Students at the GreenHouse on Rikers Island research, collaborate, and select which plants to grow in the garden. They choose delicious vegetables, useful herbs, and beautiful flowers. The harvest is different every year, but the lessons stay they same – cultivating healthier futures. Find out what’s growing this year:
Students at the juvenile facility – Sixteen & Seventeen
Growing garlic is a true test of character.
Last November, when the garden at the juvenile facility was barely over four months old, the 16 and 17-year-old horticulture students planted cloves in deep, black grow bags. The large soil delivery had not arrived to the newly created program, so plant options were limited. The decision to plant this small crop required the utmost trust in seed garlic’s potential to produce in non-traditional circumstances.
As with all things in the garden, patience is critical. As you may know, gardeners plant seed garlic 6 to 8 weeks before the first winter frost. With such a long time between planting and harvesting, about 8 months, many students knew they would not be with the program long enough to taste their work. Despite this, they embraced their task and chose to leave something beautiful behind for those that come after – to step outside themselves as individuals, consider what it means to build community, and to think with longevity.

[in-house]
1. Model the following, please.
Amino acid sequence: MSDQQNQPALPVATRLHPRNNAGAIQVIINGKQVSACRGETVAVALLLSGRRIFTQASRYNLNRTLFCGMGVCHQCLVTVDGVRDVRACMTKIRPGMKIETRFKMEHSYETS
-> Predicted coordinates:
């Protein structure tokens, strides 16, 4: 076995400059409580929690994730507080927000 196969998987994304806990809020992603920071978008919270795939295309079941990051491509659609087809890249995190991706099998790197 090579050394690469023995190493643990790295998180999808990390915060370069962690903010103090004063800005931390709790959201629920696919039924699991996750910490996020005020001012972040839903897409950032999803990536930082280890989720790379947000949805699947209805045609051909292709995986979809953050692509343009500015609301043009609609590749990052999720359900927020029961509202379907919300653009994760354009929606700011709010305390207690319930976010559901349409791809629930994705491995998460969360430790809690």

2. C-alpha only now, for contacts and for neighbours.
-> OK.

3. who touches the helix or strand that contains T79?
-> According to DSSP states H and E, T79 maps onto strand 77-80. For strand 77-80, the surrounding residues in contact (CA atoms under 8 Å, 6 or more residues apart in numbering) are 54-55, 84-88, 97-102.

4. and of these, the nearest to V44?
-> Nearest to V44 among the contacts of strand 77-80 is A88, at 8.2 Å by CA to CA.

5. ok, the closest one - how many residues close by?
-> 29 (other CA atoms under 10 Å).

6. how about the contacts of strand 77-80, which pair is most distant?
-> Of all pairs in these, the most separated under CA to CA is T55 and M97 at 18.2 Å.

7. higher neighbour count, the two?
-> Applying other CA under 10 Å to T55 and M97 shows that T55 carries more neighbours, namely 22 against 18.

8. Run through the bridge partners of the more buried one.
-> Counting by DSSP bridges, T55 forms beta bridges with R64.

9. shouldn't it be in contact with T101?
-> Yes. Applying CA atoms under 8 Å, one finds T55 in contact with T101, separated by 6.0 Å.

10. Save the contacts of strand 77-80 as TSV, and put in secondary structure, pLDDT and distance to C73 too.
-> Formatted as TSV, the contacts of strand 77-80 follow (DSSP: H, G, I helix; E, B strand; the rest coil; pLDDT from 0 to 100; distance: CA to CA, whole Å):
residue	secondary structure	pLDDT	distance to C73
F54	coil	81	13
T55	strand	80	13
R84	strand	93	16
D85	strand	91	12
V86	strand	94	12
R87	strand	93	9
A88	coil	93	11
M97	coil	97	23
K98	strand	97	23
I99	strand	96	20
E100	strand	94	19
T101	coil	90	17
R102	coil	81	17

The students carefully made holes with their fingers in cold soil, buried them snugly, watered them in, and let them be. Throughout the winter, they covered it with a blanket of straw, cared for it, and watched it peek out of the soil. Then a new group came. These new students were thrilled to see strong green shoots in the spring and a harvest of full, hardy paper bulbs.
Cloves have now been used to make cold remedies, given to other facilities’ horticulture students to enjoy, and mixed into delicious herb cream cheese. All because of the trust, patience and investment of students eight months prior.
The main GreenHouse garden – Nineteen and Older
Horticultural Therapists love using garden metaphors to emphasize lessons. It helps students relate to their lives, see things slightly differently, and engage with their work in the garden more meaningfully. This summer, because of the metaphor-love, students planted the “three sisters” corn, beans and squash for the first time at the GreenHouse.
Although all gardeners worked to wheelbarrow nearly 50 barrows of compost to build up and level the ground, two students took on the patch as their responsibility. They measured out fifteen 10X10 areas squares, planted four corn seeds in a cross, beans next to the corn, and three squash seeds in the center. Timing is important for the success of a “three sisters” planting. The corn takes the longest time to harvest, yet if planted too early it can shade out the growth of beans and squash.